Your desire to shed a few pounds has helped fuel a doubling in ownership of wearable devices in the past two years, according to report released Thursday.
Since 2014, the adoption rate for wearable devices has grown from 21 percent to 49 percent, according to a survey released Thursday by business services firm PricewaterhouseCoopers. Of the survey's 1,000 respondents who said they owned at least one wearable device, 45 percent said they owned a fitness band compared with 27 percent who owned a smartwatch and 15 percent who owned smart glasses.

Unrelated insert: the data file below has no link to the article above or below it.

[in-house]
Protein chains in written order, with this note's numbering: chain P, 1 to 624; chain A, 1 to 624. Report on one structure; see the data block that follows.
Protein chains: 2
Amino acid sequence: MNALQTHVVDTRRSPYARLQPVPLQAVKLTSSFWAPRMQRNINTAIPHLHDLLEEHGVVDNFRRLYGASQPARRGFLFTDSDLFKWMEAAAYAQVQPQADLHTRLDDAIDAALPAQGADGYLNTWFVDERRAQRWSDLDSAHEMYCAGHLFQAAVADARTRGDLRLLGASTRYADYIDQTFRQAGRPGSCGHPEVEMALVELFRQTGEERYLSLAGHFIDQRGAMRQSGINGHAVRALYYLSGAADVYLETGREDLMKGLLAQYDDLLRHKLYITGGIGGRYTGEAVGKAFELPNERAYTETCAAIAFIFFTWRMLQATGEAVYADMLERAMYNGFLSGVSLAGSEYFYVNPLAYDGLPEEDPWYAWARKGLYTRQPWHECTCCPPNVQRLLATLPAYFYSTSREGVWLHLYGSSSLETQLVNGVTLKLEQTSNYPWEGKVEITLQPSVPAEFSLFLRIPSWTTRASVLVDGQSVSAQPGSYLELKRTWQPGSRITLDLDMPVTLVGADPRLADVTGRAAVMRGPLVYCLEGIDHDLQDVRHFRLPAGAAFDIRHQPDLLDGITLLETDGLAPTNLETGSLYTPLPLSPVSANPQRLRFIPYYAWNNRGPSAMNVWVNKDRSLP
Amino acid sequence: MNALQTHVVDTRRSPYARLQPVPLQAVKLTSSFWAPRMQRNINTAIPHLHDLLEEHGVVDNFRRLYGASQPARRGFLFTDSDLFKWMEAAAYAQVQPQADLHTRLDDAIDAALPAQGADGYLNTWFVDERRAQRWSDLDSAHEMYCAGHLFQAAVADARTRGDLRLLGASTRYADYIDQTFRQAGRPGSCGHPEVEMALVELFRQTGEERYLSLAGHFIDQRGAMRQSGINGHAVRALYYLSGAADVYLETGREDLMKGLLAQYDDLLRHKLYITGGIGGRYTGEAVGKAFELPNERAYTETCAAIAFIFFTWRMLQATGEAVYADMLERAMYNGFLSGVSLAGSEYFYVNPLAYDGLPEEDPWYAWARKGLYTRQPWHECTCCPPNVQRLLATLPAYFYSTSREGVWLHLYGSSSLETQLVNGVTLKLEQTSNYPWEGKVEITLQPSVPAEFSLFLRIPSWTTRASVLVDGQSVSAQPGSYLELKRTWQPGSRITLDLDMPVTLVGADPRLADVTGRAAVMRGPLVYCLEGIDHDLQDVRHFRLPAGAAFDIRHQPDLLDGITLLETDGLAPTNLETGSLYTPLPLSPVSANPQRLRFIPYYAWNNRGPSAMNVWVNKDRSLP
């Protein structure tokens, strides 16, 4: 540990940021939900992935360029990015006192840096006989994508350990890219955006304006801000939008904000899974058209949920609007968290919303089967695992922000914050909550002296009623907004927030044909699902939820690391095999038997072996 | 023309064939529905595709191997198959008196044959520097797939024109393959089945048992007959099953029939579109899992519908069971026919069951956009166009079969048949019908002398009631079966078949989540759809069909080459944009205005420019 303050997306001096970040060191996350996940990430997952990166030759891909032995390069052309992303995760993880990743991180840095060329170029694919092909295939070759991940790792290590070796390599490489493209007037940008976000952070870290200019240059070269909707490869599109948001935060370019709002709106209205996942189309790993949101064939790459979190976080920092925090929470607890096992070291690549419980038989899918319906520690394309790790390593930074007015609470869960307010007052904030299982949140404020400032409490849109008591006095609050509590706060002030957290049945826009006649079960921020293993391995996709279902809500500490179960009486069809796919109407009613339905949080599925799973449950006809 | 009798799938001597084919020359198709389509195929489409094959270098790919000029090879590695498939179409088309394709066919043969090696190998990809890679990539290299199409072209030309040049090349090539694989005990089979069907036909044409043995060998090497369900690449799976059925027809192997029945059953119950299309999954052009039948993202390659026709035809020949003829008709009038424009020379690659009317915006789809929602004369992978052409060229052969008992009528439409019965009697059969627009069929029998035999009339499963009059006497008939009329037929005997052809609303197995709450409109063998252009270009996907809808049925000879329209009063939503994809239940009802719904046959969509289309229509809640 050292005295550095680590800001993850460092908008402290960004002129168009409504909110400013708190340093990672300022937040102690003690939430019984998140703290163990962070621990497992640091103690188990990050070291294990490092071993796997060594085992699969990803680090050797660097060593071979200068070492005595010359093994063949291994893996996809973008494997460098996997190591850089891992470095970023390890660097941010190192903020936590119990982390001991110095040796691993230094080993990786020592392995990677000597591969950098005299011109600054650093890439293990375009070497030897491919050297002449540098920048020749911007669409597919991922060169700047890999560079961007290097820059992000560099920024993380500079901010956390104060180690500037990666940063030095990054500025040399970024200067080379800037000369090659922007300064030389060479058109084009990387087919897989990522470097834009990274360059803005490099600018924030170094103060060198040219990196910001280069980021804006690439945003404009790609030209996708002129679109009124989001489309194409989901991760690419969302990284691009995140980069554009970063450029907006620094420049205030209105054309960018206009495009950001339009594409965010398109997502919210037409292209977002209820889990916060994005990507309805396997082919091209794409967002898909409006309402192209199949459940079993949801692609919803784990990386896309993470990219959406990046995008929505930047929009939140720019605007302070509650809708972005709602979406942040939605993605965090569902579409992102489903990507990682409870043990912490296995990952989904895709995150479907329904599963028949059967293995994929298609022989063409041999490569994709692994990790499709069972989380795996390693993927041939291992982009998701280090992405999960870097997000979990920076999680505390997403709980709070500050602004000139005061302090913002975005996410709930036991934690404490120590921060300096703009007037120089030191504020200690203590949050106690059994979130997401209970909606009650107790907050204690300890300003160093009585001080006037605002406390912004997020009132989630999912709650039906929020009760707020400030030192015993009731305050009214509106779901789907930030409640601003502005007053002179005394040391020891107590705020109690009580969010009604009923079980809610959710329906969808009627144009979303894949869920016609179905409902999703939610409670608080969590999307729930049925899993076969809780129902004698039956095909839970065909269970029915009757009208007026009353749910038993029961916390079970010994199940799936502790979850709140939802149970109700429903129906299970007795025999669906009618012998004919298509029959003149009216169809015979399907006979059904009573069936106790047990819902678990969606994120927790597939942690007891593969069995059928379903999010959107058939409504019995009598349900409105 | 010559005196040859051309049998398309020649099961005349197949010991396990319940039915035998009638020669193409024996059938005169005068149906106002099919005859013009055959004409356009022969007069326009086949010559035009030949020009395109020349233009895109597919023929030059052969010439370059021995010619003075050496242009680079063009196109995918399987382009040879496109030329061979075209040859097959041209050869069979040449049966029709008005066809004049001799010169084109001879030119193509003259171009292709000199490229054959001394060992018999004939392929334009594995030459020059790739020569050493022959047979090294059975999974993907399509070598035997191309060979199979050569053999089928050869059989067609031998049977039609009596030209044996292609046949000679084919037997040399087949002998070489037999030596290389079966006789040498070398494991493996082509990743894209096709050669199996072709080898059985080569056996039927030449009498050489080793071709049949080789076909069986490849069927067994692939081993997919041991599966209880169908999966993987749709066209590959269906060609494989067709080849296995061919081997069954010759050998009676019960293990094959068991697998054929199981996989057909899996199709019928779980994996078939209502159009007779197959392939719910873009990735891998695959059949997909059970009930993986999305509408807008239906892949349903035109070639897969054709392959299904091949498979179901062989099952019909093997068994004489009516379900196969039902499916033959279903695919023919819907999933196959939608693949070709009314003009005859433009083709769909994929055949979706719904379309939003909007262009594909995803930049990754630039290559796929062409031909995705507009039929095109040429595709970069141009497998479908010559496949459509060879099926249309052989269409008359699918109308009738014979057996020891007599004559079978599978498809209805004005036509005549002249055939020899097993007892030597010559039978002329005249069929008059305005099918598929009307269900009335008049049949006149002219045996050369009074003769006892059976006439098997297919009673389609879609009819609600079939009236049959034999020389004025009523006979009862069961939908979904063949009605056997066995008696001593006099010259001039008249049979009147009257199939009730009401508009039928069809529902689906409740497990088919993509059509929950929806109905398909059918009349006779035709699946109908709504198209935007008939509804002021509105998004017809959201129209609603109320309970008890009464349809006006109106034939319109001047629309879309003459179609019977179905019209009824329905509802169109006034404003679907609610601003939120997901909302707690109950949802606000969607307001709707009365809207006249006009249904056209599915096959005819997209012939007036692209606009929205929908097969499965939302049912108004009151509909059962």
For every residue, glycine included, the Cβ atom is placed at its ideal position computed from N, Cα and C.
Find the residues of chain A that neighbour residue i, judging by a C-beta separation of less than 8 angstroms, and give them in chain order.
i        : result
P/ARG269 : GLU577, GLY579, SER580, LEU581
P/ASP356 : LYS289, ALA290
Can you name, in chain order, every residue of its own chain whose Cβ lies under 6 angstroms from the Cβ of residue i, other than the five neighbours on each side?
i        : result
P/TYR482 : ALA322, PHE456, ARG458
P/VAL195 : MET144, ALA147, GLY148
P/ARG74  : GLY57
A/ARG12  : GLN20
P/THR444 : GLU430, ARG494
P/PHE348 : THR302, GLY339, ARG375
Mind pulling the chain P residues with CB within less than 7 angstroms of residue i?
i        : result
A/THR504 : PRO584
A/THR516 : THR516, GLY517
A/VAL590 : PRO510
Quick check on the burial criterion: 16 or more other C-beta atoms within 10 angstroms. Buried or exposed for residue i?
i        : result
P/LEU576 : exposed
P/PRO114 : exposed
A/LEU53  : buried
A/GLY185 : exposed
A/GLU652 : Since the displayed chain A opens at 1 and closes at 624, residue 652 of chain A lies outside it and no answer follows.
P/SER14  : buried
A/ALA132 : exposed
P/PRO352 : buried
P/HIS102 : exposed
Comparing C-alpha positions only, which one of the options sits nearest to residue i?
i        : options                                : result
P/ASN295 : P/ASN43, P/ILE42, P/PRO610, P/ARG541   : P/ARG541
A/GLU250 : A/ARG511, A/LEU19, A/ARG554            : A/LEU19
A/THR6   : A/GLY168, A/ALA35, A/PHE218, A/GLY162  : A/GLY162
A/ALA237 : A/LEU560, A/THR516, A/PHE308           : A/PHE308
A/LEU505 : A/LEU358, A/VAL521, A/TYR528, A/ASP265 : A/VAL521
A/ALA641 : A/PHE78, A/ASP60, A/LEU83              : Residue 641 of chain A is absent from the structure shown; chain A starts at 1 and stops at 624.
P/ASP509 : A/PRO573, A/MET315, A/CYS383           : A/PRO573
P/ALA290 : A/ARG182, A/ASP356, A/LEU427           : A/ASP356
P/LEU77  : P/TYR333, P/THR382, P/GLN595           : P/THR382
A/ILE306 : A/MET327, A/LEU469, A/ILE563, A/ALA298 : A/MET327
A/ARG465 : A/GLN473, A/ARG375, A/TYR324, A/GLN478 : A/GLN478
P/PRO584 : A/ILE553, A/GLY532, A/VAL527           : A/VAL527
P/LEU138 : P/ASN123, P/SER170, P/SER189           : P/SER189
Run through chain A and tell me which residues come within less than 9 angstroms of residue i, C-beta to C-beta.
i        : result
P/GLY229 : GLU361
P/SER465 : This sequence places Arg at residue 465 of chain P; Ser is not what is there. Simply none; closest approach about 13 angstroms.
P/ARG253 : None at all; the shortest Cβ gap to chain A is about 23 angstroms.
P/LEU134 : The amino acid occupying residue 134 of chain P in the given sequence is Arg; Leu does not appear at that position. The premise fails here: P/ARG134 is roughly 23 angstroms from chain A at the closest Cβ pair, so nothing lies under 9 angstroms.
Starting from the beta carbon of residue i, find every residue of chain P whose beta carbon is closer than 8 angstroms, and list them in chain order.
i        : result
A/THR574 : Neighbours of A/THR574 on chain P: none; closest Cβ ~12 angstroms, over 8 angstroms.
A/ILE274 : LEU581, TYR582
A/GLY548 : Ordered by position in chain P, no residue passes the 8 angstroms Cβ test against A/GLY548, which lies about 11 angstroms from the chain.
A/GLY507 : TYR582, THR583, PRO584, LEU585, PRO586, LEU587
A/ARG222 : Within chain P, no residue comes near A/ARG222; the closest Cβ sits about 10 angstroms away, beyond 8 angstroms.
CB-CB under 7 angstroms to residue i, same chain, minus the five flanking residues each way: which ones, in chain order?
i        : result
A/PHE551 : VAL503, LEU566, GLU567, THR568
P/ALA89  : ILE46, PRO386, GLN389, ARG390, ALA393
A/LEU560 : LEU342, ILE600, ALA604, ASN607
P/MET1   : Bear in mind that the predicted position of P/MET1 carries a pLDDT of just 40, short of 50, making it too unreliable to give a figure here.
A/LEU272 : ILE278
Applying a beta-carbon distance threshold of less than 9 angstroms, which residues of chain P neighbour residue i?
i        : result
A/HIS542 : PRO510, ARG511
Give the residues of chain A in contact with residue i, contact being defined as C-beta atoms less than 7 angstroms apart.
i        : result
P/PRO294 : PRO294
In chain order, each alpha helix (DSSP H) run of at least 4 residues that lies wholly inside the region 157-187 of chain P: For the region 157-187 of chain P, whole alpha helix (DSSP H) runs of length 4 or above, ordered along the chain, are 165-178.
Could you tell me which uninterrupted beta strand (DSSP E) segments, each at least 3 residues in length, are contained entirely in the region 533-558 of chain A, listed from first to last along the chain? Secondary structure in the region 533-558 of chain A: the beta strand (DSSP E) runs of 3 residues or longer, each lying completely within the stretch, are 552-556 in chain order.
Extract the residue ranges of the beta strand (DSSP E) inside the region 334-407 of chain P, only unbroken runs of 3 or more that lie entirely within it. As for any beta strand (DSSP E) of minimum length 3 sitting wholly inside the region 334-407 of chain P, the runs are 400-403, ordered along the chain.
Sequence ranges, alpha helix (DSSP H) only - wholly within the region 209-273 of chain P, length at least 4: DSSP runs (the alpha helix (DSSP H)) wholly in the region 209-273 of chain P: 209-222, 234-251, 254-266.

Confidence in wearable's health benefits is high: 70 percent said they expect to live 10 years longer as a result of wearables' use; 64 percent believe there will be fewer obesity-related problems; and 62 percent believe health care premiums will be reduced as a result.
The study also found that 49 percent believe that use of wearables increase workplace efficiency. But don't expect employees to pony up for the devices; more than two-thirds of consumers believe employers should pay for the device. Millennials were most likely to have this opinion (71 percent).